Special Edition, Director's Cut
Customers who bought this item also bought
Customers who viewed this item also viewed
What other items do customers buy after viewing this item?
During the presidential election of 1988, a teenager named Donnie Darko sleepwalks out of his house one night, and sees a giant, demonic-looking rabbit named Frank, who tells him the world will end in 28 days, 6 hours, 42 minutes, and 12 seconds. He returns home the next morning to find that a jet engine has crashed through his bedroom. As he tries to figure out why he survived and tries to deal with people in his town, like the school bully, his conservative health teacher, and a self-help guru, Frank continues to turn up in Donnie's mind, causing him to commit acts of vandalism and worse. The new Director?s Cut includes a production diary of the film (with optional commentary by Director of Photography Steven Poster), a story-board to screen featurette, the Director?s cut theatrical trailer, They Made Me Do It Too ? The Cult of Donnie Darko and the #1 Fan: A Darkomentary.
With an additional 20 minutes of material added to the original theatrical edition (including scenes not included in the augmented version previously released on DVD), Donnie Darko: The Director's Cut has a slower, more reflective pace than its first edit, and many more moments of emotional and tonal complexity. The film also has a fuller soundtrack (INXS' "Never Tear Us Apart" is featured prominently in writer-director Richard Kelly's mysterious opening) and new, startling special effects that underscore Donnie's ambiguous experience of time travel and cross-dimensional encounters with Frank, the 6-foot provocateur in a terrifying bunny costume. (Of course, new f/x or not, Donnie could still be a paranoid schizophrenic immersed in violent delusions.) Purists might find some of these changes to Kelly's 2001 cult hit about a troubled teen (Jake Gyllenhaal) trapped in alternative, apocalyptic destinies troubling. But overall the film is an even more haunting experience, impossible to shake.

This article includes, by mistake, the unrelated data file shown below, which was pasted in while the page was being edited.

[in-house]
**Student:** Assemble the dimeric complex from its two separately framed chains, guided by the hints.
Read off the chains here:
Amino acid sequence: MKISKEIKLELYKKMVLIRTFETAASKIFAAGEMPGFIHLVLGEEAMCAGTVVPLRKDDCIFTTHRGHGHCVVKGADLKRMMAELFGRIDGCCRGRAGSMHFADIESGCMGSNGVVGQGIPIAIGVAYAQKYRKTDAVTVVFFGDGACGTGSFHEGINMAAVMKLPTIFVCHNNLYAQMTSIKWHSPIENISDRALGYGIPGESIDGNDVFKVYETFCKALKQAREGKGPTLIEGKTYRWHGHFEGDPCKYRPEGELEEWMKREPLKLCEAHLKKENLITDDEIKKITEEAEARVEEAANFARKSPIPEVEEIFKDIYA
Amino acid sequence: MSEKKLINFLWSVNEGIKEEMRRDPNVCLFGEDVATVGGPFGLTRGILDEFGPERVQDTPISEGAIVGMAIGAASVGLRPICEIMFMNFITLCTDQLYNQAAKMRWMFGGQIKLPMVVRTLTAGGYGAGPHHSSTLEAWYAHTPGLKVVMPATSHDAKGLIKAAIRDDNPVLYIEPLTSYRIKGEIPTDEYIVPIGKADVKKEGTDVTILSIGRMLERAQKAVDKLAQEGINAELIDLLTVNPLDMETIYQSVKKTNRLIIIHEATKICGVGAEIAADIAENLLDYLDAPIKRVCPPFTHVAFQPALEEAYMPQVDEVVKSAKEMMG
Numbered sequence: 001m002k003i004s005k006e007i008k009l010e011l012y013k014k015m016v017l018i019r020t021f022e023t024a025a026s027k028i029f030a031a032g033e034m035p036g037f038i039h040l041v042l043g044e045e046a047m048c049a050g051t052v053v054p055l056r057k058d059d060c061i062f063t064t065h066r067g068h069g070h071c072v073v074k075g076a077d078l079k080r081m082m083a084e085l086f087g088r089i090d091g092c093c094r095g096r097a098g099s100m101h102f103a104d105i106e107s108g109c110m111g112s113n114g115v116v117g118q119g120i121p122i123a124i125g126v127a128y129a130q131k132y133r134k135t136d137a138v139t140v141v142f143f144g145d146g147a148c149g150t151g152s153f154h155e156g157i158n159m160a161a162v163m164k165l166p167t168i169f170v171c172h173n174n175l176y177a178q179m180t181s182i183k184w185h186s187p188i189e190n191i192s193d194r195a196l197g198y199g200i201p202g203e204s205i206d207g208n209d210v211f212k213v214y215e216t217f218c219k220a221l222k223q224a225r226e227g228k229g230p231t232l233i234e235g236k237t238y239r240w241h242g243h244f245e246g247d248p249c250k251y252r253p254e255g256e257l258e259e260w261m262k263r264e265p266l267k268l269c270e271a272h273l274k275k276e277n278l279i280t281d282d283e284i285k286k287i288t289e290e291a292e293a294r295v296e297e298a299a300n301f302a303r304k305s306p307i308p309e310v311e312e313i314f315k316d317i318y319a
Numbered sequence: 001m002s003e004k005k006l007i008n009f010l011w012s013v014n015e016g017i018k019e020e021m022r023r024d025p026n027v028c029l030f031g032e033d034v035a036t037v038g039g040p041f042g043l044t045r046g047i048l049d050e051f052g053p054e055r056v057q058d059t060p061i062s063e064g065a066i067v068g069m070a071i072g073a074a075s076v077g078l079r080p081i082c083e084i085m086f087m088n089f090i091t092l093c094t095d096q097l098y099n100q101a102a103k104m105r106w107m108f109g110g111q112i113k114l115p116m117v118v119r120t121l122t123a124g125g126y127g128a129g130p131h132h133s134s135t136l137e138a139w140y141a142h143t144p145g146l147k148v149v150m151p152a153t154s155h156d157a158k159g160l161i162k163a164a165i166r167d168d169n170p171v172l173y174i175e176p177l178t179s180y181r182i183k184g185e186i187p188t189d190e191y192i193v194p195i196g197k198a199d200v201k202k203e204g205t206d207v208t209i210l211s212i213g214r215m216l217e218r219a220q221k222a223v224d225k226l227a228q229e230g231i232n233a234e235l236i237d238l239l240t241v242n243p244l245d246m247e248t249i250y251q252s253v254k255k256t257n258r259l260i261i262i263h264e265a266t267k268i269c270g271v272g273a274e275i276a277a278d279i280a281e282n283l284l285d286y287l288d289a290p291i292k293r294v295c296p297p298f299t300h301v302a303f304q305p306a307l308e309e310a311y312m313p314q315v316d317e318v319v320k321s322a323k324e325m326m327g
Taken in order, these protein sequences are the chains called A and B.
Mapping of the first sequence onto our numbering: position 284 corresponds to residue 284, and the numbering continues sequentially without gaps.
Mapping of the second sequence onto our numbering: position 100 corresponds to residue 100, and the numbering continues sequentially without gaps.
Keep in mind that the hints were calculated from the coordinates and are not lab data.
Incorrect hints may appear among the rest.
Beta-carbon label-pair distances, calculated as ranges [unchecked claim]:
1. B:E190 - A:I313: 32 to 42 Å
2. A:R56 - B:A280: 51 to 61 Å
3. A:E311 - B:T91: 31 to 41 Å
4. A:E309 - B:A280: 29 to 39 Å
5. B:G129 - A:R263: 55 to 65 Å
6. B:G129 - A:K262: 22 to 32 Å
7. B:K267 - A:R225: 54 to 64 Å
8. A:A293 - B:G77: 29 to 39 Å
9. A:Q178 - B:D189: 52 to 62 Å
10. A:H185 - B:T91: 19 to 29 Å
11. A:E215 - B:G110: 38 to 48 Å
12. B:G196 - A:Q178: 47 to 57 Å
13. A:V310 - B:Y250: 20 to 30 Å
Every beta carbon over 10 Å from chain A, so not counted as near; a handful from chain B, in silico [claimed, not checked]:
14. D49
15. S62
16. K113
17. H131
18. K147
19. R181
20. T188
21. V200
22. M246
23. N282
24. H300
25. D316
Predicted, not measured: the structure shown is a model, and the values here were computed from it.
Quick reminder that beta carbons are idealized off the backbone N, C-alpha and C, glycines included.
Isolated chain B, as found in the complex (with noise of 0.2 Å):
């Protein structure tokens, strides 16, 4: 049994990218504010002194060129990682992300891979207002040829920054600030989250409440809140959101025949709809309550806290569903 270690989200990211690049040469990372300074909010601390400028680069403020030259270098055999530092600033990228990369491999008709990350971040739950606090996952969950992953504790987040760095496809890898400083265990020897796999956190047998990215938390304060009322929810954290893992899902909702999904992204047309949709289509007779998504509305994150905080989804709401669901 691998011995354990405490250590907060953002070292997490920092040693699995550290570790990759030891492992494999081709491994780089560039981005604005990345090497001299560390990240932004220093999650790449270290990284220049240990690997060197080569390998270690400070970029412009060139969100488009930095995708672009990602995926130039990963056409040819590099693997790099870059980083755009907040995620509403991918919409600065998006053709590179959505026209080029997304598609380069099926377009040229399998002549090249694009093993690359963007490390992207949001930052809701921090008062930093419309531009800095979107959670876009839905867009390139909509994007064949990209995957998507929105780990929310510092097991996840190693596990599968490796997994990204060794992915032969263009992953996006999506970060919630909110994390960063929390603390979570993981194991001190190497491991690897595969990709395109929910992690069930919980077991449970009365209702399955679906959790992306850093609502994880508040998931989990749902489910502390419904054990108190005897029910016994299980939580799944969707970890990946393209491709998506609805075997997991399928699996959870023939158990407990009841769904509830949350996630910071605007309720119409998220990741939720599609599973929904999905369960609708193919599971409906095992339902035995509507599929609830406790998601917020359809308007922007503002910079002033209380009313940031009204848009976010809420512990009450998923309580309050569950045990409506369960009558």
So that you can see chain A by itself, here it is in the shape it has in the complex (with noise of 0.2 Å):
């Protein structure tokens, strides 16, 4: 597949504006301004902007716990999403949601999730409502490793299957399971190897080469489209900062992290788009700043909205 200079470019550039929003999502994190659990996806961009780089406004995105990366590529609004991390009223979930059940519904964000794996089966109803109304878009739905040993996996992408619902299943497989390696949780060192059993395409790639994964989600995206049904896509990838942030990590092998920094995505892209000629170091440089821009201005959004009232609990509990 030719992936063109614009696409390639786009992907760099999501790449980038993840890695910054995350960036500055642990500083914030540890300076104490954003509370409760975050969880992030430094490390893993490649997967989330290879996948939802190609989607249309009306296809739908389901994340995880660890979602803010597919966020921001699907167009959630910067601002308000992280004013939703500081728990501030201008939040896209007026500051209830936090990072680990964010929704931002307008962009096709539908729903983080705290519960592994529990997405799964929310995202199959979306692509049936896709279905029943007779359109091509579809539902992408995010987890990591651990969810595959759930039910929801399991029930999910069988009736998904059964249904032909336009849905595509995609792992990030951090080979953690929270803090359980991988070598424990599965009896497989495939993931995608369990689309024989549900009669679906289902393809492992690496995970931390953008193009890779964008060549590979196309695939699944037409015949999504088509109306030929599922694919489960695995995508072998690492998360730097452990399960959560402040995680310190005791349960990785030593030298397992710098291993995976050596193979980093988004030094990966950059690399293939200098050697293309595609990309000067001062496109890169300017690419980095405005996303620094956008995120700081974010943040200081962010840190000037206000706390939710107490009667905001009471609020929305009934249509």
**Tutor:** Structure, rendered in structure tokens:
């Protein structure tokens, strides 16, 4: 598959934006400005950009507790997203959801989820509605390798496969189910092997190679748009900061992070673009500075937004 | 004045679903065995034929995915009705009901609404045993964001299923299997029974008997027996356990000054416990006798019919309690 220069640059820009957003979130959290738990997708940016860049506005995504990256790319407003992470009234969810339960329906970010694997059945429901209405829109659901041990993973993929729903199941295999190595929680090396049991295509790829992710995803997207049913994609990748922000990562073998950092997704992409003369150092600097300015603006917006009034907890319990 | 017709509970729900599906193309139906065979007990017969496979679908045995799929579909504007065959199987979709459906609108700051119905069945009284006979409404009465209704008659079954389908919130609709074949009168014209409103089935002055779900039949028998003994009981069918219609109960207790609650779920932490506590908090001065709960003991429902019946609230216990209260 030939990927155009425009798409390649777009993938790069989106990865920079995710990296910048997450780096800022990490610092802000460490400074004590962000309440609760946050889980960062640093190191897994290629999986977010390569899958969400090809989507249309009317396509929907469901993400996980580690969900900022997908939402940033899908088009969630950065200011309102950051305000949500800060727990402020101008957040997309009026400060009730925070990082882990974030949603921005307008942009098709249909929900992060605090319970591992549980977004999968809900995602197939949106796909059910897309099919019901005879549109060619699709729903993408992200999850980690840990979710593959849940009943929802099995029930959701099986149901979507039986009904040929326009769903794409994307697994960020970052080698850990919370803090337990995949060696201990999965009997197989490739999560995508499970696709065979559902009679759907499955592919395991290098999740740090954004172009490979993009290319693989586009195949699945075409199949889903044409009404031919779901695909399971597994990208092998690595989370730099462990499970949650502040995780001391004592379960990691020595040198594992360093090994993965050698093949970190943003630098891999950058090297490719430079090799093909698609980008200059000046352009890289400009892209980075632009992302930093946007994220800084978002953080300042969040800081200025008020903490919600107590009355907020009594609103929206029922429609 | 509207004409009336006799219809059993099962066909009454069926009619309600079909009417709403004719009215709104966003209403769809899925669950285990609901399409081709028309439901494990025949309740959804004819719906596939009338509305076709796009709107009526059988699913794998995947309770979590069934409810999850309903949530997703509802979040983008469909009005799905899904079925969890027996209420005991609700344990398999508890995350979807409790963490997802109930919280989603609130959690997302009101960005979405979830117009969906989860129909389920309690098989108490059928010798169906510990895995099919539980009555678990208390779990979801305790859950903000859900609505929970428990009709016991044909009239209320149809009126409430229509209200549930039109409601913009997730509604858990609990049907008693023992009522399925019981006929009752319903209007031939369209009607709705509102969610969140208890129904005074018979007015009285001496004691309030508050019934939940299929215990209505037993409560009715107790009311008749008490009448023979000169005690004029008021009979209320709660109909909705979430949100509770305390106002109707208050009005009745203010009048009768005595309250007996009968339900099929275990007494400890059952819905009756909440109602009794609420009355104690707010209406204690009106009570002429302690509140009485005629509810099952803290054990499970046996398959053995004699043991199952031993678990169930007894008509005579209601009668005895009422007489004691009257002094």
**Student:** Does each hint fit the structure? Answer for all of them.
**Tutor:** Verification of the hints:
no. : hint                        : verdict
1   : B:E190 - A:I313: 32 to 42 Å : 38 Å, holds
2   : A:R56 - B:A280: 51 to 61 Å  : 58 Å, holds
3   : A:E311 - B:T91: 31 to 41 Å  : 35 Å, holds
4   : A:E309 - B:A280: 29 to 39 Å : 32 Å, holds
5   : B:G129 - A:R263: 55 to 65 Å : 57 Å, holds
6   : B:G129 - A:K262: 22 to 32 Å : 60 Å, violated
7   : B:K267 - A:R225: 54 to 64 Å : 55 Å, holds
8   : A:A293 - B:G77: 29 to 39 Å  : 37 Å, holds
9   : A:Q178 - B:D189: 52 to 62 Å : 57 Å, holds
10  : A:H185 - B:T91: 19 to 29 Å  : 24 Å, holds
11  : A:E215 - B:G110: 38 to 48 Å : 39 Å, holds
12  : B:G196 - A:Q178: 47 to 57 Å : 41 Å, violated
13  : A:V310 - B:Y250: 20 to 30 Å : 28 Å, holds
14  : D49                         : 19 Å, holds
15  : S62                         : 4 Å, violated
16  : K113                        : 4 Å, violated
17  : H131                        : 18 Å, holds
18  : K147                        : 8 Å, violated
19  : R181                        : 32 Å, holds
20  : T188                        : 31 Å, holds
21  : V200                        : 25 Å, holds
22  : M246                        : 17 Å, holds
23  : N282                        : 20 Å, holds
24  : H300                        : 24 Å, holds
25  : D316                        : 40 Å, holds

An audio commentary track features a conversation between Kelly and Kevin Smith (Clerks) outlining the former's reasons for making a director's cut. Kelly says his intention was to amplify a science fiction and comic book element in Donnie Darko, re-design the sound (actually, Kelly claims, there never was a sound design for the original release), and purchase rights to various songs (including Joy Division's "Love Will Tear Us Apart") that were lost between the film's premiere at the Sundance Film Festival and the film's theatrical release. Kelly says he also wanted to give something new to the film's fans as thanks for their crucial, early support. Other features in this two-disc set include a highly entertaining production diary (including video of pre-production locations research) as well as a short film about the meaning of "Donnie Darko" as understood by some of the movie's British fans. --Tom Keogh
- Production diary with optional commentary by director of photography Steven Poster
- "They Made Me Do It Too: The Cult of Donnie Darko"
- Storyboard-to-screen featurette
- #I Fan: A Darkomentary
- Director's cut theatrical trailer
Would you like to tell us about a lower price?
If you are a seller for this product, would you like to suggest updates through seller support?
Top customer reviews
There was a problem filtering reviews right now. Please try again later.
Utterly disappointed. I've seen remasters like An American Werewolf in London and Patton where the remaster was an obvious upgrade. This is NOT. Grain is ridiculously overbearing. Color is muted and pale. Same as the 2009 print with a marginal upgrade.
Audio continues to be outrageously good. The DTS HS-Master soundtrack plays nutzo on my Martin Logans and Boston Acoustics surrounds with my massive Paradigm sub.
Overall, not nearly worth the upgrade price. A terrific movie, but still way short of a reference disc.